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Your Environment. Your Health.

ENVIRONMENTAL EXPOSURES, HEALTH AND RESILIENCE BEFORE AND AFTER HURRICANE HARVEY IN A HOUSTON-AREA COHORT OF AFRICAN-AMERICAN ADULTS WITH POORLY CONTROLLED ASTHMA

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Principal Investigator: Hamilton, Winifred J
Institute Receiving Award Baylor College Of Medicine
Location Houston, TX
Grant Number R21ES029690
Funding Organization National Institute of Environmental Health Sciences
Award Funding Period 01 Mar 2018 to 28 Feb 2021
DESCRIPTION (provided by applicant): PROJECT SUMMARY / ABSTRACT More than 136,000 Houston-area homes flooded in the aftermath of Hurricane Harvey’s landfall on August 25, 2017. The greater Houston area experienced record-breaking rain over the subsequent four days, with more than 60 inches of rain measured in several areas—a record in the U.S.17 The hurricane overwhelmed numerous sewage treatment centers, caused damage and probable contamination from at least 13 Superfund sites, triggered unscheduled air emissions from emergency shut-down and start-up procedures at area refineries, and overwhelmed several flood retention reservoirs leading to up to two weeks of high water in some neighborhoods. The full health impact is poorly understood but 75 deaths, from during the event or over the subsequent weeks, were attributed to Hurricane Harvey.15 Respiratory symptoms and rashes were commonly reported in several surveys conducted by Baylor College of Medicine within the first 30 days of the event.6 Much of this mortality and morbidity could have been reduced by better public health planning,1,41,42 which is in turn dependent on strong health data5,10,26,44 to inform policy development. When Harvey made landfall, our group—the Baylor College of Medicine Environmental Health Service—was conducting a pragmatic randomized clinical trial, the “Houston Home-Based Integrated Intervention Targeting Better Asthma Control (HIITBAC) for African Americans.”14 As part of this study, we collected extensive data on environmental hazards in patient homes, as well as clinical and healthcare utilization data. We also banked blood specimens. Our proposed study will focus on a subgroup of the parent HIITBAC cohort, which we refer to as HIITBAC1 for this application. From HIITBAC1, we will enroll from 108 individuals who exited the study in the 12 months preceding Harvey; this Hurricane Harvey subset is referred to as HIITBAC2-HH. We will use the comprehensive HIITBAC1 exit visit data as the baseline for the proposed study. The proposed HIITBAC2-HH follow-up protocol will include the original HIITBAC1 assessments, as well as additional Harvey-driven questionnaires and environmental and biological samples (including exhaled nitric oxide, airborne mold samples, and a post-Harvey blood sample), at approximately 6 months post-Harvey. We will also conduct a follow-up phone assessment of asthma control, resilience and posttraumatic stress at approximately 18 months after Hurricane Harvey. In addition to our evaluation and analysis of this follow-up cohort, we will examine, for selected outcome measures, the complete HIITBAC1 dataset on whom we have pre- and post- Harvey data. This will add additional longitudinal and post-Harvey data points to enrich aspects of the proposed study. Our ongoing and very active HIITBAC1 Patient / Stakeholder Advisory Board will advise the study team on study implementation, participant retention, and dissemination. Taking advantage of our existing cohort of high-risk asthmatics in the context of Hurricane Harvey, we hope to add valuable information to current discourse on the public health ramifications associated with disasters.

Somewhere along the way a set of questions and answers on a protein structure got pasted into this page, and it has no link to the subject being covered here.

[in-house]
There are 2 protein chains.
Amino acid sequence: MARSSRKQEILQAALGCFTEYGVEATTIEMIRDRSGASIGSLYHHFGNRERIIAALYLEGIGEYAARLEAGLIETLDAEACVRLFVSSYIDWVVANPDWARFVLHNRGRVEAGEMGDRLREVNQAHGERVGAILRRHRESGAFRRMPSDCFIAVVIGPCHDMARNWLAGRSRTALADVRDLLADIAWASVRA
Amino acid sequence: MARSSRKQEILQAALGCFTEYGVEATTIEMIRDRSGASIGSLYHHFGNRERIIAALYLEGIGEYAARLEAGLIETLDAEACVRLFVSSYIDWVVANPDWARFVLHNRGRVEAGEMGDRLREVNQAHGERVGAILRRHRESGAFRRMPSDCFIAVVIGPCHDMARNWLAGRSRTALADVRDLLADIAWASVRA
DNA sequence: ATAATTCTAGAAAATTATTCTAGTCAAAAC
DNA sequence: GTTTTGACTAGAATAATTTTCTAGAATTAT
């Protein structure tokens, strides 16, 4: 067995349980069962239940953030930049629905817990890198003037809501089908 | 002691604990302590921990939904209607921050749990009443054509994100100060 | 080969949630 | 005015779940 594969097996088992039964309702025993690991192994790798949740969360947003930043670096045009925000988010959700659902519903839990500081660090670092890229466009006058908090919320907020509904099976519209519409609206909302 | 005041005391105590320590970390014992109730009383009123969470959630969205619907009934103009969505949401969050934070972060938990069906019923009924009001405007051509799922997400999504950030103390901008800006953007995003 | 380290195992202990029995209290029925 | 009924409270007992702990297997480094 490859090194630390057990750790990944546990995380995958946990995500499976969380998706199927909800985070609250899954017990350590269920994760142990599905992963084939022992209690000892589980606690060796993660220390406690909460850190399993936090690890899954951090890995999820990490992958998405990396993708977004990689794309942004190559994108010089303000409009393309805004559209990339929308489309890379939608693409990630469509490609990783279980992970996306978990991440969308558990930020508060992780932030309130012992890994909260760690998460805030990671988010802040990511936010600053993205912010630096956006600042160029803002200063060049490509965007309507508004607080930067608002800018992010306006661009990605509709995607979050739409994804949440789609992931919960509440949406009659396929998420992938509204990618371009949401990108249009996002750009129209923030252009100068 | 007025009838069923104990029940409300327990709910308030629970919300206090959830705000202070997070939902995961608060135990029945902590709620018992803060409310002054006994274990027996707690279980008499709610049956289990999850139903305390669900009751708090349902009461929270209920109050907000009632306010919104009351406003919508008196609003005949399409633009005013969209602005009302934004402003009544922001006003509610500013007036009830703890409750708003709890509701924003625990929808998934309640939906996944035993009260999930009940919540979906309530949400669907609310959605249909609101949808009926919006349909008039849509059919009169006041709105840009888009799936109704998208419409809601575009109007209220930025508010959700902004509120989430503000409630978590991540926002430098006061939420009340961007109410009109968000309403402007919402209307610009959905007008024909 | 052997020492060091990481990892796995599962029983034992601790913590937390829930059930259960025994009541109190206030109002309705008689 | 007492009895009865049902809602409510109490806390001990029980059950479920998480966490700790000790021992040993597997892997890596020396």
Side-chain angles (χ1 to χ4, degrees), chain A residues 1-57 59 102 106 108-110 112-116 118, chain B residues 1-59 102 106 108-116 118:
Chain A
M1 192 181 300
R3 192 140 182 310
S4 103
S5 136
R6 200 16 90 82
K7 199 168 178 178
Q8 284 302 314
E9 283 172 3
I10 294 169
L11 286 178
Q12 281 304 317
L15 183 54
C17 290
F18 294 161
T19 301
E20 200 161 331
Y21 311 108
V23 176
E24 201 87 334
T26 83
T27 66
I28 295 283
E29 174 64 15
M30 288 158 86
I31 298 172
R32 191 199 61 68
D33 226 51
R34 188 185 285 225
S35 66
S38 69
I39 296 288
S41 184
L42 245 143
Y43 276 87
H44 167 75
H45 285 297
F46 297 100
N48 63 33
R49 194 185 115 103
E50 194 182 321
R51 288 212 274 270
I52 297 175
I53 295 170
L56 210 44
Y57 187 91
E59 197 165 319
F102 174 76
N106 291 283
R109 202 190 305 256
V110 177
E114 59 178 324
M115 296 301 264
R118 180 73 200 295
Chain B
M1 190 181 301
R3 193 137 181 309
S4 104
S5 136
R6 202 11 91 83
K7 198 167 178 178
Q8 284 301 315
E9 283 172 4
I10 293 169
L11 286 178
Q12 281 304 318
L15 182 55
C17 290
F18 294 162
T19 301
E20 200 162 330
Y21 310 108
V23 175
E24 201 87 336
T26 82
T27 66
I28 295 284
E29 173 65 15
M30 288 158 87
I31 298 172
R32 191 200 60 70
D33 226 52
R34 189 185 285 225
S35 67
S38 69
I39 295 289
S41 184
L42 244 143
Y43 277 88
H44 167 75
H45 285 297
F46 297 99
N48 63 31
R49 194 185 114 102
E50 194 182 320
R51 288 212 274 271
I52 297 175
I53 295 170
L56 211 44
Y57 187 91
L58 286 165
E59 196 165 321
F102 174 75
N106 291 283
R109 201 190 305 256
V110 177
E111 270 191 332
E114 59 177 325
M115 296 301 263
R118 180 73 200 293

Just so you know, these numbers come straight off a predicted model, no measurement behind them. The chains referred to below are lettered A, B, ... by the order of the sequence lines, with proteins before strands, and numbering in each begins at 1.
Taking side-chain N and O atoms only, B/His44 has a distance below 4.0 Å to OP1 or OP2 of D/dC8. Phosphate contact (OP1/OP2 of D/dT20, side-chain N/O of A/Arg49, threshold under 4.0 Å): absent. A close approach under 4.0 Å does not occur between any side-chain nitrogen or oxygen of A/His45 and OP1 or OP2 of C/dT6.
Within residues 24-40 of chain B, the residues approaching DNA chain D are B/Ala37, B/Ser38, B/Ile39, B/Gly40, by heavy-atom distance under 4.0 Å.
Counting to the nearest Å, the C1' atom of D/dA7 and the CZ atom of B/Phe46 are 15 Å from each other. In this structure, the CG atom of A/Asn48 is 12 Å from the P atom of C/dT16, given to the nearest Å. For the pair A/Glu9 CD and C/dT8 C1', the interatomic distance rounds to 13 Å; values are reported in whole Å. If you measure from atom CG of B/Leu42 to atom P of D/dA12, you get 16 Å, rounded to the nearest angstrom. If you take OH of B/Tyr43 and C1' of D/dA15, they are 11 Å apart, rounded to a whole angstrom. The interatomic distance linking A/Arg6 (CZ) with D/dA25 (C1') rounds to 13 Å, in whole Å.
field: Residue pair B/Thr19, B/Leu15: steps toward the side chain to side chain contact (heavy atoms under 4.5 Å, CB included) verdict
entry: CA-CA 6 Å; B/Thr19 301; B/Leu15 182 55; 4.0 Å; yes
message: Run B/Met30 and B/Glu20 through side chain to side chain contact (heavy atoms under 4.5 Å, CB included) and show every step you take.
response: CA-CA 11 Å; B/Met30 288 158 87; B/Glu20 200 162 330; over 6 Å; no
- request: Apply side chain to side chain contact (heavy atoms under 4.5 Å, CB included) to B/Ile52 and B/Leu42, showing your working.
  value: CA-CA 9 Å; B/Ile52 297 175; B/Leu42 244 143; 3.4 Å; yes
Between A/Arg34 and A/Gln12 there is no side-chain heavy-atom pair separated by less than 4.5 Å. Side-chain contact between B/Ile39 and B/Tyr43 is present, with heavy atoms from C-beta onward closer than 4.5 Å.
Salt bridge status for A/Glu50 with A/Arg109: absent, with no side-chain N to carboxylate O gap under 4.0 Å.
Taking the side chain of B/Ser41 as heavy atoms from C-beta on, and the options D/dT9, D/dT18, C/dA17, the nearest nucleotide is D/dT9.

Science Code(s)/Area of Science(s) Primary: 69 - Respiratory
Publications No publications associated with this grant
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